“Now Rivkah had a brother whose name was Lavan. Lavan ran out to the man at the spring” (Bereishit 24: 29).
In Pirkei Avot (1:15) Shammai teaches: “say little and do much.” On a simple level, this teaches us that a person should never promise more than he can offer. But on a deeper level, Shammai is teaching us how to know ourselves in the most true and intimate way. The actions that we do tell us much more about ourselves than the words we speak. And as we read the stories of Bereshit, we can learn so much more about our forebears from their actions as opposed to their words.
To take this one step further, the great mussar master and author of Alei Shur, Rav Shlomo Wolbe, teaches that the Hebrew word larutz, to run, shares the same root as the word ratzon, desire. So do you want to know what you really want in life? Ask yourself, “What are you running after?”
And in our parsha we see lots of running, so let’s look at who is running to where. But before that, let’s back up a bit so we can put together all the pieces. In order to find an appropriate wife for his son Yitzhak, Avraham has sent the head of his household back to his family, to Aram Naaraim, the city of Nachor.
As the servant along with his large caravan arrives at their destination, they head to the central meeting place, the well. And as they approach, the servant sees a beautiful young girl carrying water, and runs to her, asking for water.
Why does the servant run? Could he not have waited till she approached to ask for water? His running expresses the desire in his heart to fulfill his task. He cannot wait one additional moment to see if this young woman, who turns out to be Rivkah, is the woman for whom he is searching.
Rivkah not only offers him water, but she offers water to the entire group, as well as their camels. But even more importantly, the passage tells us that she ran back to the well in order to bring water to the camels.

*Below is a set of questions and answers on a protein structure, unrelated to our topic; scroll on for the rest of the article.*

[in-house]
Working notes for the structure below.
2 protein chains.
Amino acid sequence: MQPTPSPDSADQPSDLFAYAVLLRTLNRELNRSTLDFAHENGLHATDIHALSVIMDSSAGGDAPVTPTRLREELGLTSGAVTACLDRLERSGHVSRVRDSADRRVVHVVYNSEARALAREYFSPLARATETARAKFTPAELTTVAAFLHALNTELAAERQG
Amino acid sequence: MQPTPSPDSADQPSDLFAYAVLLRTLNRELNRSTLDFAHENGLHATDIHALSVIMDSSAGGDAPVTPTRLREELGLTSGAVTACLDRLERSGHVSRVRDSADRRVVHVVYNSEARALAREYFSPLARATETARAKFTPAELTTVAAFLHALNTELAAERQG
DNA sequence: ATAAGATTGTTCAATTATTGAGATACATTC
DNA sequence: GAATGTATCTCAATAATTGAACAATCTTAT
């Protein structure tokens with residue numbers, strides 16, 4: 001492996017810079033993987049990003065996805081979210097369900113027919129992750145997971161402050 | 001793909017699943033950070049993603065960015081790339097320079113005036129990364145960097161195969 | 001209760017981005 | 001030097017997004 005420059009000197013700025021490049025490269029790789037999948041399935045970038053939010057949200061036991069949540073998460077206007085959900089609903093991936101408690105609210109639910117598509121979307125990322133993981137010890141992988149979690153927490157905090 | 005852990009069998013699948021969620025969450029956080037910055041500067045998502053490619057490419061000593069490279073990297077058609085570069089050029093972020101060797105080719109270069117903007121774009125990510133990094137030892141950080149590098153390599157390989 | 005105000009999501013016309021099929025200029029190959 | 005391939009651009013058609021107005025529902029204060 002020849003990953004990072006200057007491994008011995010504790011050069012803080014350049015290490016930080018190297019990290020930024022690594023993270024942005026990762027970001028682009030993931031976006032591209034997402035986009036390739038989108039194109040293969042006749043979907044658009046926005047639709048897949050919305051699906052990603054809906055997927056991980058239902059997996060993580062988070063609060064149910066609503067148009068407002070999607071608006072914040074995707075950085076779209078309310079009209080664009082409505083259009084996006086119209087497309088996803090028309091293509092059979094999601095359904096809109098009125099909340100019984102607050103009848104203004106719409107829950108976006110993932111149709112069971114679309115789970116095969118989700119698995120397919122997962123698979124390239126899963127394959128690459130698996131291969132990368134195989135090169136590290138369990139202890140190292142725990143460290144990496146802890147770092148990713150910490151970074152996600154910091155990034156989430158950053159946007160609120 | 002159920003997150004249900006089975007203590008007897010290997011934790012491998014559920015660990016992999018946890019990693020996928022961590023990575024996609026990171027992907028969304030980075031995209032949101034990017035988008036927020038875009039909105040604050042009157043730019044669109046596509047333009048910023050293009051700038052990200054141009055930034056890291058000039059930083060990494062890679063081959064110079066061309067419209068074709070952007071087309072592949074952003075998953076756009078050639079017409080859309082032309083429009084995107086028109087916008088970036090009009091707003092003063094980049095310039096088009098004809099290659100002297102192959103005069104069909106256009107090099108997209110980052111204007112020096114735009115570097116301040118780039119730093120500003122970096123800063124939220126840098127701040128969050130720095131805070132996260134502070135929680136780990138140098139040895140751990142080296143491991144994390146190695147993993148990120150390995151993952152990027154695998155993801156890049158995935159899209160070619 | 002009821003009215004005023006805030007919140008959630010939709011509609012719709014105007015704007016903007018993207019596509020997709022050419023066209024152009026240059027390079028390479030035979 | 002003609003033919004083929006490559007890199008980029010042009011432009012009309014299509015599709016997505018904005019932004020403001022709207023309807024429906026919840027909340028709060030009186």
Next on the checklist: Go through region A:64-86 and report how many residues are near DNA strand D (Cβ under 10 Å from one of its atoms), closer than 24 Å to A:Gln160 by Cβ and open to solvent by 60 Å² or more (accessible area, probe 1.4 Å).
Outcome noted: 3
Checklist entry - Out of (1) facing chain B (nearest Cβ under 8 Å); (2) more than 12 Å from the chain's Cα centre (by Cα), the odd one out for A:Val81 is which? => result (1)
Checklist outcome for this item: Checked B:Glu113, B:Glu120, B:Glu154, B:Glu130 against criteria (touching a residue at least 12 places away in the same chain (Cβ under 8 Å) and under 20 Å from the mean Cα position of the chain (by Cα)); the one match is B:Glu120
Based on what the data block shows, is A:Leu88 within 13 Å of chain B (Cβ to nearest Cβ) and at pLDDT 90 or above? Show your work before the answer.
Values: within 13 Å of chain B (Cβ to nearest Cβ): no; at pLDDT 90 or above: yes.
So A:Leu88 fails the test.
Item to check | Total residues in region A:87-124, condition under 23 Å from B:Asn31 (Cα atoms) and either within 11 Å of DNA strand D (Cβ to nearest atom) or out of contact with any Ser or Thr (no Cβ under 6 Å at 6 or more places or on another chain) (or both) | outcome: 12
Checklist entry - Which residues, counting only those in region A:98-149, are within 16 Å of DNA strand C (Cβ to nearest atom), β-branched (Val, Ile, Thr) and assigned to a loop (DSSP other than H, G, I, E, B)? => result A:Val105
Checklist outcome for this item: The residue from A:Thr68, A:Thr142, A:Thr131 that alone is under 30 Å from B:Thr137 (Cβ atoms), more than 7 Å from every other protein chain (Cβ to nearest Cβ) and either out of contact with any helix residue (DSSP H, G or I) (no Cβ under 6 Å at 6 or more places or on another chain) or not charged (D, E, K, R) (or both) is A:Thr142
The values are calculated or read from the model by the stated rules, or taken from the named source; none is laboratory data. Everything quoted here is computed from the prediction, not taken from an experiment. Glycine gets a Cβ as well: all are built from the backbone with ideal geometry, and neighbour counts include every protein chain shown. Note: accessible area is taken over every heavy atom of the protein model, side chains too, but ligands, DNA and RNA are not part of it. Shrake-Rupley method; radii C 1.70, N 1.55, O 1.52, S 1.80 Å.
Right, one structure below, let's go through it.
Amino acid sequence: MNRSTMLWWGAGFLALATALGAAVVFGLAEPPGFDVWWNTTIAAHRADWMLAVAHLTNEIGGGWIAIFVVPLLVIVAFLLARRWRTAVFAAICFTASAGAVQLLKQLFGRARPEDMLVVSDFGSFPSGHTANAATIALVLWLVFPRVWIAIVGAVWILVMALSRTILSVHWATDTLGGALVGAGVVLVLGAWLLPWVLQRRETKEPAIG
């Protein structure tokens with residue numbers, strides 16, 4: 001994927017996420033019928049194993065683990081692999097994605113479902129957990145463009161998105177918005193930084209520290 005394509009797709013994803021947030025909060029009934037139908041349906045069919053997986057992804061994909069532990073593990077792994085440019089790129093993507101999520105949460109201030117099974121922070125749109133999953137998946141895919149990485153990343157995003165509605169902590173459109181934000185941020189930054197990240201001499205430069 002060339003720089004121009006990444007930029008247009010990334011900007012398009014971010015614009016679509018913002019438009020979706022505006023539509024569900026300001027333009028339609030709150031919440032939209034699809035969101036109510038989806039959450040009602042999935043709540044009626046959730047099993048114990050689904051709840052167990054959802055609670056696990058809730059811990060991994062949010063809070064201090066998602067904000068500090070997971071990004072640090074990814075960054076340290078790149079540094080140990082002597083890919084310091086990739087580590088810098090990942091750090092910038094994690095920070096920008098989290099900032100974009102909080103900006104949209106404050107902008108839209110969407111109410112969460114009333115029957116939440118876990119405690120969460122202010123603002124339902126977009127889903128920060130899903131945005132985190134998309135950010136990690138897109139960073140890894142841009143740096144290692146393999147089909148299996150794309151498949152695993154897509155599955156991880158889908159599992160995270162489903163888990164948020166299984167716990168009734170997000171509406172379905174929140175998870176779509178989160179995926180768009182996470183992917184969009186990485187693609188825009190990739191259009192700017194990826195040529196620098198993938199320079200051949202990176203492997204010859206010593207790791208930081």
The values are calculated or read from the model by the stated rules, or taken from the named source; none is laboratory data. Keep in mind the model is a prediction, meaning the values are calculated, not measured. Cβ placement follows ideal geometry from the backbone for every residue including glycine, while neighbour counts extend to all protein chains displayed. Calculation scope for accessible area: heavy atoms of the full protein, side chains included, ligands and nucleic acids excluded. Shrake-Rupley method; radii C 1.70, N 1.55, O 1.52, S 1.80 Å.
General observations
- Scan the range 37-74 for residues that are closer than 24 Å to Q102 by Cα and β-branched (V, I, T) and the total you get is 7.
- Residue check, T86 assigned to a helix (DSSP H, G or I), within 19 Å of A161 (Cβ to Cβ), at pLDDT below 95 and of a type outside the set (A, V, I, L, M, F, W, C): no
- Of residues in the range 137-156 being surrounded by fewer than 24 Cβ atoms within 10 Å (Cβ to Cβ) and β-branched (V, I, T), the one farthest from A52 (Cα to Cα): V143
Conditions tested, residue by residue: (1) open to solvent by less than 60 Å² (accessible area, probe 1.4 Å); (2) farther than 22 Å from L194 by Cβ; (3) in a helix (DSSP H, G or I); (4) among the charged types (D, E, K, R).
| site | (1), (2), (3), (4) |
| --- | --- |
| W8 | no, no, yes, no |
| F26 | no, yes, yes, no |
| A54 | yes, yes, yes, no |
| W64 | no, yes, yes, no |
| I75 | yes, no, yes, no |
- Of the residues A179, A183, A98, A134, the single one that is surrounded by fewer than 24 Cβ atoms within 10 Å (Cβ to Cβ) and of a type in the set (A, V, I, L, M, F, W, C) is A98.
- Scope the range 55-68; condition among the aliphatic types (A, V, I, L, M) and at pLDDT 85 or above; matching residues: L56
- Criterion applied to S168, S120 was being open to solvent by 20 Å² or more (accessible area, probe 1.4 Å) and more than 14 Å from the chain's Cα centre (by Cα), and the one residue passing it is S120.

The story continues. Rivkah notices the man pulling out expensive jewelry from his bag. “Please tell me,” asks Avraham’s servant. “Whose daughter are you?” Without waiting for an answer, he makes a request: “Is there room in your father’s house for us to spend the night?”
Rivkah answers the questions as they are asked; her father is Betuel, son of Milkah, who is Avraham’s niece. And yes, they have room to host, even a group this large.
The response she receives is unexpected. The man hands her three exquisite items, a nose ring and two bracelets, unlike she has ever seen. Suddenly, the man falls to his knees and starts to pray and praise God.
Rivkah again runs, this time back home to prepare the food and lodging. And at this point in the story, she does not know the family connection to these travelers. As far as Rivkah knows, they are complete strangers. Yet she is running to and fro in order to offer them water, food, and lodging. Her desire is clear: she desires to give unconditionally.
But Rivkah is not an only child. We learn that Rivkah has a brother named Lavan. And Lavan also runs to meet the guests. Why was Lavan running? Rav Steinsaltz points out that Lavan is clearly the head of the household. And as the head, he is obligated to look out for his sister. He has to ensure that there is no inappropriate behavior going on with these mysterious guests. But as the text continues, we see a second, more central, motivation for Lavan’s haste:
“When he saw the nose-ring and the bands on his sister’s arms, and when he heard his sister Rivkah say, “Thus the man spoke to me…” (Bereishit 24:30).
In these brief moments of introduction, we can already see Lavan’s true nature by what he is running after: the precious jewels in Rivkah’s hand. On the outside, Lavan praises God, and acknowledges God’s providence after hearing the details of the story. But if we take a closer look, Lavan’s true motives for offering his sister’s hand in marriage become quite clear.
“The servant brought out objects of silver and gold, and garments, and gave them to Rivkah; and he gave presents to her brother and her mother,” (Bereishit 24: 52).
The Gemara used the following description for a true Torah Scholar: toco c’boro: that their inside is like their outside. There is a harmony between the way the person appears, and who they are on the inside.
Lavan’s name means white, usually identified with purity. That’s how he wishes to be perceived. But on the inside, something darker is at play. He wants to portray himself as the responsible head of the household; but in actuality he is mesmerized by the incredible wealth of the strangers. He frames the events as divine intervention, and if we look strictly at his words, we would imagine him as a deeply ethical and religious person. But he is not running out of love for God or even his fellow; his legs are running towards riches, and this tells us everything we need to know about Lavan.
If we take this lens through which we’re looking at Lavan, and we look at ourselves, what do we see? Do our insides match our outsides? Are our words and actions truly aligned, or are we at times more concerned with optics than ethics? Lavan and Rivkah teach us how to make this distinction, and know where our desires truly lie: we simply must ask ourselves honestly what we’re running after.
What do you run after? And what does that teach you about yourself?
In memory of Rabbi Jonathan Sacks, z”l, on the occasion of his first yahrzeit